Compare any two graphics cards:
GeForce GT 640 DDR3 vs GeForce GTX 260
IntroThe GeForce GT 640 DDR3 features a GPU core clock speed of 900 MHz, and the 2048 MB of DDR3 RAM runs at 1782 MHz through a 128-bit bus. It also is made up of 384 SPUs, 32 TAUs, and 16 ROPs.
Compare all of that to the GeForce GTX 260, which comes with a clock frequency of 576 MHz and a GDDR3 memory frequency of 999 MHz. It also makes use of a 448-bit memory bus, and uses a 65 nm design. It features 192 SPUs, 64 TAUs, and 28 Raster Operation Units.
(No game benchmarks for this combination yet.)
Power Usage and Theoretical Benchmarks
Power Consumption (Max TDP)
The GeForce GTX 260, in theory, should perform quite a bit faster than the GeForce GT 640 DDR3 overall. (explain)
Texel RateThe GeForce GTX 260 should be quite a bit (about 28%) more effective at anisotropic filtering than the GeForce GT 640 DDR3. (explain)
Pixel RateThe GeForce GTX 260 should be just a bit (approximately 12%) more effective at anti-aliasing than the GeForce GT 640 DDR3, and also will be capable of handling higher screen resolutions without losing too much performance. (explain)
Please note that the above 'benchmarks' are all just theoretical - the results were calculated based on the card's specifications, and real-world performance may (and probably will) vary at least a bit.
Please note that the price comparisons are based on search keywords - sometimes it might show cards with very similar names that are not exactly the same as the one chosen in the comparison. We do try to filter out the wrong results as best we can, though.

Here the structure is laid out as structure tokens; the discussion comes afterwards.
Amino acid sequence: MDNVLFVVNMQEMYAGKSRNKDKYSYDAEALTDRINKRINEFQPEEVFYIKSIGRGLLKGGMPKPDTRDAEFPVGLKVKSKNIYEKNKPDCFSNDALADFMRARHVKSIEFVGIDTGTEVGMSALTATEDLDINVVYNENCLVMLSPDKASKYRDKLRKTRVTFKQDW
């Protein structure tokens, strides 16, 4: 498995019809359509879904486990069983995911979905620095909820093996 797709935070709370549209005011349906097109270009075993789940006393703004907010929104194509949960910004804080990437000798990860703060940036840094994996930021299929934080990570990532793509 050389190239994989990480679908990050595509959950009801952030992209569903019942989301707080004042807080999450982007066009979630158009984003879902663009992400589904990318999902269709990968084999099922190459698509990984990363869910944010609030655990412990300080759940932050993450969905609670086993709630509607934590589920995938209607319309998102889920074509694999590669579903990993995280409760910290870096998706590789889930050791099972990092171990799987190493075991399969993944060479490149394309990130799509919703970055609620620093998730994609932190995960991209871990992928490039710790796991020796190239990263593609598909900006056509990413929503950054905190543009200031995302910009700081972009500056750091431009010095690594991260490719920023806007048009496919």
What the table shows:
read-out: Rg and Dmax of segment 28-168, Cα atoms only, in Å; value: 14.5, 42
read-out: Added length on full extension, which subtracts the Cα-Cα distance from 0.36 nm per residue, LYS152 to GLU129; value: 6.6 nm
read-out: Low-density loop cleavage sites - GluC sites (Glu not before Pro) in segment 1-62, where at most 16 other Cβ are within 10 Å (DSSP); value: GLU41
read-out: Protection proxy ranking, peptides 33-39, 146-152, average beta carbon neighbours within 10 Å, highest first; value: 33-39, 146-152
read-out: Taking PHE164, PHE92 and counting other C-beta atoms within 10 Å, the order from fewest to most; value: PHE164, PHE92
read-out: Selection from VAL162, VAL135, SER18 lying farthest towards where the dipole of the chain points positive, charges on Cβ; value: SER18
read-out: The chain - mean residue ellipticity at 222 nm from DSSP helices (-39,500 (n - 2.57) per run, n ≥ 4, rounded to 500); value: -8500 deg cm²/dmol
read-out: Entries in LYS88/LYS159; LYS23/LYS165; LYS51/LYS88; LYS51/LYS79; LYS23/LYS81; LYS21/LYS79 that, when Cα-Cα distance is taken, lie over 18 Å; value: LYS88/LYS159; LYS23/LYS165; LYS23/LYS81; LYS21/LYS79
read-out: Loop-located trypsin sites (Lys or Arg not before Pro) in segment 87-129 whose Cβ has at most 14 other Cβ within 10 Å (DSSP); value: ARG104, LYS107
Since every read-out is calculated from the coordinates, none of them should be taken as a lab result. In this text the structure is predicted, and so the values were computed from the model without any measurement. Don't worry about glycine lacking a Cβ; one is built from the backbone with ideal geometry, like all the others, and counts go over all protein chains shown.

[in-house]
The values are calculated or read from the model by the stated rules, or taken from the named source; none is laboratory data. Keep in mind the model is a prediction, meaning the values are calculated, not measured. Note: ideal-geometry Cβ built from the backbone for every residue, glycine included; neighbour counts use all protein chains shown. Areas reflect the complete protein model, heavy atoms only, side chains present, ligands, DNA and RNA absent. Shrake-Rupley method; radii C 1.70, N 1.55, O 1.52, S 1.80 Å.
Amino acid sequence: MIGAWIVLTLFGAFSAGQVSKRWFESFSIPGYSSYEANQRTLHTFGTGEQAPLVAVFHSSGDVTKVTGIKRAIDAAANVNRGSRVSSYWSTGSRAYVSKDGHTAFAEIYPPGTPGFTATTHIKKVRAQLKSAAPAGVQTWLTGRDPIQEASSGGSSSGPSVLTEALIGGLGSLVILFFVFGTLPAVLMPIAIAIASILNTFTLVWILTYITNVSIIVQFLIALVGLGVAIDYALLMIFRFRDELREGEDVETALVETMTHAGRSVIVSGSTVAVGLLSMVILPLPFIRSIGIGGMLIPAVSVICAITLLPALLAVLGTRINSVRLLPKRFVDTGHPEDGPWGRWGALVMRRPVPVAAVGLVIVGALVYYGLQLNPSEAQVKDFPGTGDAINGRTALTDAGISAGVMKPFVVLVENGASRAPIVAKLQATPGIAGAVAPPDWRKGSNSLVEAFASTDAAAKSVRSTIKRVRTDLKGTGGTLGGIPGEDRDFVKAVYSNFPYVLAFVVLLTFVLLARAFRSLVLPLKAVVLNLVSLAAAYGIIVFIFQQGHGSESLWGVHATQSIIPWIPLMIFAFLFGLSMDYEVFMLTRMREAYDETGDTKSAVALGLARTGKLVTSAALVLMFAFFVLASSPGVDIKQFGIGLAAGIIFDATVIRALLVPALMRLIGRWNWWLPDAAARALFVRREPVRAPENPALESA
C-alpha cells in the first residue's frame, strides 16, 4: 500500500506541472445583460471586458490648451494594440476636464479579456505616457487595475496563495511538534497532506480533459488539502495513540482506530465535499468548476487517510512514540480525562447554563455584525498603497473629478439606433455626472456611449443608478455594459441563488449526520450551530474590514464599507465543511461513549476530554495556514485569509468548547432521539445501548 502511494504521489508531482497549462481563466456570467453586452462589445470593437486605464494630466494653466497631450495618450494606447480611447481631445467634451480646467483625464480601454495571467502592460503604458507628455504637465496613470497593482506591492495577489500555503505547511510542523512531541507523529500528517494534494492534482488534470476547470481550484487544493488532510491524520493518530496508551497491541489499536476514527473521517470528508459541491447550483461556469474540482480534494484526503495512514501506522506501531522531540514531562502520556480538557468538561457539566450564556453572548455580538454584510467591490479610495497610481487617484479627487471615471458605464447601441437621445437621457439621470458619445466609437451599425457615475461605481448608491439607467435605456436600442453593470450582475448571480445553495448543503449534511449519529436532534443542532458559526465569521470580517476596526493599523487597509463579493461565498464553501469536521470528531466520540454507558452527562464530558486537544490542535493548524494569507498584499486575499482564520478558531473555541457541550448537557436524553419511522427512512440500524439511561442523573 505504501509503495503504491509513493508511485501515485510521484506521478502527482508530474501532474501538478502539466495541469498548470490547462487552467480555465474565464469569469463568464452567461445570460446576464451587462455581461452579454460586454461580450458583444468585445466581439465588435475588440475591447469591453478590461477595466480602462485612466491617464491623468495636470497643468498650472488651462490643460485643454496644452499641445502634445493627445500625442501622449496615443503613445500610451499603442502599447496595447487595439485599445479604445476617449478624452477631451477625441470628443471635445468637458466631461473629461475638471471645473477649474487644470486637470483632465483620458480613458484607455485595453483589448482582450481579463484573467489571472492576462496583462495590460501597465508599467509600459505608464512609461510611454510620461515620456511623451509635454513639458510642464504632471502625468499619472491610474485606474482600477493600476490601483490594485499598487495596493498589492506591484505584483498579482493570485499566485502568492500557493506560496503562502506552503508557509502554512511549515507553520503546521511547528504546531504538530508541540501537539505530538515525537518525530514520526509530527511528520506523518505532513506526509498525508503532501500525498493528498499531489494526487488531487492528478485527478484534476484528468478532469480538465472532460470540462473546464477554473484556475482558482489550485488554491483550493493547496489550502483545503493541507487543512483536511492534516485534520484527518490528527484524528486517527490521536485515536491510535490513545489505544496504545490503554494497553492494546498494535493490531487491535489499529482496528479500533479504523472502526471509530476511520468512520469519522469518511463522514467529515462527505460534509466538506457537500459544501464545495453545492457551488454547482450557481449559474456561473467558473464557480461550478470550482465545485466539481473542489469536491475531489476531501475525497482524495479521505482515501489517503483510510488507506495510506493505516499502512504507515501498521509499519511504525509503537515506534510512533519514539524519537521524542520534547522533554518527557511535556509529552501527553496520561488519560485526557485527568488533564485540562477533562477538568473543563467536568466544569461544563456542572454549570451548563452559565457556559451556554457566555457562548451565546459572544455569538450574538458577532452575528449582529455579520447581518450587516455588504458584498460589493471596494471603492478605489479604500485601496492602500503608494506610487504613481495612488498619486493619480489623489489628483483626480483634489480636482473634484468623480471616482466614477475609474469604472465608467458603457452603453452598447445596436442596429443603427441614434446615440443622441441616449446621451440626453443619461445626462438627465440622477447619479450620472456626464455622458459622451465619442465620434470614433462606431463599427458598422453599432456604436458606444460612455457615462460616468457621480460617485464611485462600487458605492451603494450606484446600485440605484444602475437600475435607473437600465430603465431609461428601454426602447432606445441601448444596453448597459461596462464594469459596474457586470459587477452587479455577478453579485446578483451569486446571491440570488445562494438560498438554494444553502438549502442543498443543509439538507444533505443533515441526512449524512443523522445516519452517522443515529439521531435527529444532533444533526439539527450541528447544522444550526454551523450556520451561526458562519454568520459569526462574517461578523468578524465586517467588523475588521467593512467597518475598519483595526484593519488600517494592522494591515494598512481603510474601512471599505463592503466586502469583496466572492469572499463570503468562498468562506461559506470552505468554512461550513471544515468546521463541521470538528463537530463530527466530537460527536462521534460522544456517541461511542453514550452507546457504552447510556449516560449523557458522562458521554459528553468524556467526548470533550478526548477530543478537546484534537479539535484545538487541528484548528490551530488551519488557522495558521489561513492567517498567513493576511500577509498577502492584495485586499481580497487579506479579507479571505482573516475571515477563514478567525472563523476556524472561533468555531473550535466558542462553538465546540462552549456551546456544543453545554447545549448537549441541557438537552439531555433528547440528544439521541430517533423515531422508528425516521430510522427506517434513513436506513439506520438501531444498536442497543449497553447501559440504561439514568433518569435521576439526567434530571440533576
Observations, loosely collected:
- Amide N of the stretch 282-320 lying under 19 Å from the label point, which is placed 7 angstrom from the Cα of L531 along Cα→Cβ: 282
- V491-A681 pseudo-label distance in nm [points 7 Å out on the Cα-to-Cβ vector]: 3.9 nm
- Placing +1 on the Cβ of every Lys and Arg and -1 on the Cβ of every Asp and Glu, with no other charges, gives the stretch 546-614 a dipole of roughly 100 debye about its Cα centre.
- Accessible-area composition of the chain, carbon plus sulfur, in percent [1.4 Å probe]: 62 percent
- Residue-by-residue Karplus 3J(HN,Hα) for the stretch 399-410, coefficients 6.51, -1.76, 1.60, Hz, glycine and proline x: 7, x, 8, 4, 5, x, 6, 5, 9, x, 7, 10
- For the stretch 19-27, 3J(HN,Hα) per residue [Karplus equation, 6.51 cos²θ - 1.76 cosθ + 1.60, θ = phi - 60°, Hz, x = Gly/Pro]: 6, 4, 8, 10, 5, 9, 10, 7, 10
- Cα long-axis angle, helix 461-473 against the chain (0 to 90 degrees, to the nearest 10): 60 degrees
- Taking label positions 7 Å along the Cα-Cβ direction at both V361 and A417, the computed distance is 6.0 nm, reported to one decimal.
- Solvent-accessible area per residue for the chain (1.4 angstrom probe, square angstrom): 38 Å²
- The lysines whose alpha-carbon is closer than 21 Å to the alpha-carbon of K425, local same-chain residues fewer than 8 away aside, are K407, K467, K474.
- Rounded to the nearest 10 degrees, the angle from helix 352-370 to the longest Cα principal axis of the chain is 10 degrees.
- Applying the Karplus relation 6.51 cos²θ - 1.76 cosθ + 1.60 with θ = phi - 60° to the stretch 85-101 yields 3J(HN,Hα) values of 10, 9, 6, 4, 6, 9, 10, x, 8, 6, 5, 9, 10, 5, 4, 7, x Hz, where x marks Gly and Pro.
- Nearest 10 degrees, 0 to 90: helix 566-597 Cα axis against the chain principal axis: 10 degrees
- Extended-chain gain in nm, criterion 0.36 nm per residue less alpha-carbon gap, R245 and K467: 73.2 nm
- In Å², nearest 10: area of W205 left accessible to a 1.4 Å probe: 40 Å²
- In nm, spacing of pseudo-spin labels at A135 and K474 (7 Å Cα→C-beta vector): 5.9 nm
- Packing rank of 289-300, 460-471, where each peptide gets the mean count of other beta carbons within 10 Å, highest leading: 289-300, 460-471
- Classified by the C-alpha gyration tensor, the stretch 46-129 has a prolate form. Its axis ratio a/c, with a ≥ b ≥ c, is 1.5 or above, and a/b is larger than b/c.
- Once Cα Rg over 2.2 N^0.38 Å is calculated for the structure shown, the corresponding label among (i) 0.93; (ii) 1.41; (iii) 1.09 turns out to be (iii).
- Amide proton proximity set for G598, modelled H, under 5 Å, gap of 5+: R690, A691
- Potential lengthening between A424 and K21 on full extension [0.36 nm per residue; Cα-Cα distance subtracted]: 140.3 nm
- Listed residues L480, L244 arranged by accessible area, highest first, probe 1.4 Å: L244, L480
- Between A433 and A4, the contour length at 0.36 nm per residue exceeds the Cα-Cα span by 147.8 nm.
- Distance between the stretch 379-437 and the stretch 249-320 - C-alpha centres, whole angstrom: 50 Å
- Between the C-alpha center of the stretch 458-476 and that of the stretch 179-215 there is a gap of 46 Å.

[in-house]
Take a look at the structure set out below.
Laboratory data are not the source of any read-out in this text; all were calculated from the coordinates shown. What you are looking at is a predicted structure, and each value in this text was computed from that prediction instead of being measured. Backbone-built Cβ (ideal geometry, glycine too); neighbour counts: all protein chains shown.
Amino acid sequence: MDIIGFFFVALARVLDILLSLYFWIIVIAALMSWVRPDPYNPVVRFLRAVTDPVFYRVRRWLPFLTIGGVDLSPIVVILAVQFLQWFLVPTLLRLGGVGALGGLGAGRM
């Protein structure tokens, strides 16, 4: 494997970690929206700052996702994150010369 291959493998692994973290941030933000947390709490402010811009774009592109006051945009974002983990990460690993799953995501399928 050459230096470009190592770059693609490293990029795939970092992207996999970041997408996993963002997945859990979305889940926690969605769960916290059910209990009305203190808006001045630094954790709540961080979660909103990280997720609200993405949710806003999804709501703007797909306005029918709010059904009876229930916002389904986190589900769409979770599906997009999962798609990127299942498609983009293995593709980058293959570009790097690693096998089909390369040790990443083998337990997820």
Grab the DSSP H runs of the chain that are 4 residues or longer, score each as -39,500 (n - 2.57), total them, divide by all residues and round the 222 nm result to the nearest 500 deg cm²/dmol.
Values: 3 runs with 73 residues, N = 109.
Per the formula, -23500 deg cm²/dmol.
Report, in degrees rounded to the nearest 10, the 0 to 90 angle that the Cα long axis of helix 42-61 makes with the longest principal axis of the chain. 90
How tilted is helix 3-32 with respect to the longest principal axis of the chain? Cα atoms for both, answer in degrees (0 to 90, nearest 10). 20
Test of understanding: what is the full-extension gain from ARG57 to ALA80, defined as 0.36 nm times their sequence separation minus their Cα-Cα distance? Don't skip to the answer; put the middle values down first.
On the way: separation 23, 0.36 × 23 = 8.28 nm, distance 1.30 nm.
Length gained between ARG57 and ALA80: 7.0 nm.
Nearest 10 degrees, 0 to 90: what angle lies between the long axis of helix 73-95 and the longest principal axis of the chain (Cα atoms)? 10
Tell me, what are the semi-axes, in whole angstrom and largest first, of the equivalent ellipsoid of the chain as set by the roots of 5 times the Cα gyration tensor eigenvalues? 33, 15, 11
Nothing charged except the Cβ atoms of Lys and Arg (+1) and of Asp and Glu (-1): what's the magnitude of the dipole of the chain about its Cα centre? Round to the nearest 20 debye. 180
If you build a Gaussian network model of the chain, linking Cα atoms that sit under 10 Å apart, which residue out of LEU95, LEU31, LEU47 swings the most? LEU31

Memory Bandwidth: Bandwidth is the max amount of data (in units of megabytes per second) that can be transported across the external memory interface in a second. It is worked out by multiplying the interface width by its memory clock speed. If it uses DDR memory, it must be multiplied by 2 once again. If DDR5, multiply by ANOTHER 2x. The higher the bandwidth is, the faster the card will be in general. It especially helps with AA, High Dynamic Range and high resolutions.
Texel Rate: Texel rate is the maximum texture map elements (texels) that are processed per second. This figure is calculated by multiplying the total number of texture units by the core speed of the chip. The better the texel rate, the better the graphics card will be at handling texture filtering (anisotropic filtering - AF). It is measured in millions of texels processed per second.
Pixel Rate: Pixel rate is the maximum number of pixels that the graphics card can possibly record to its local memory in a second - measured in millions of pixels per second. Pixel rate is worked out by multiplying the number of Render Output Units by the clock speed of the card. ROPs (Raster Operations Pipelines - also called Render Output Units) are responsible for filling the screen with pixels (the image). The actual pixel fill rate is also dependant on quite a few other factors, most notably the memory bandwidth of the card - the lower the memory bandwidth is, the lower the ability to get to the maximum fill rate.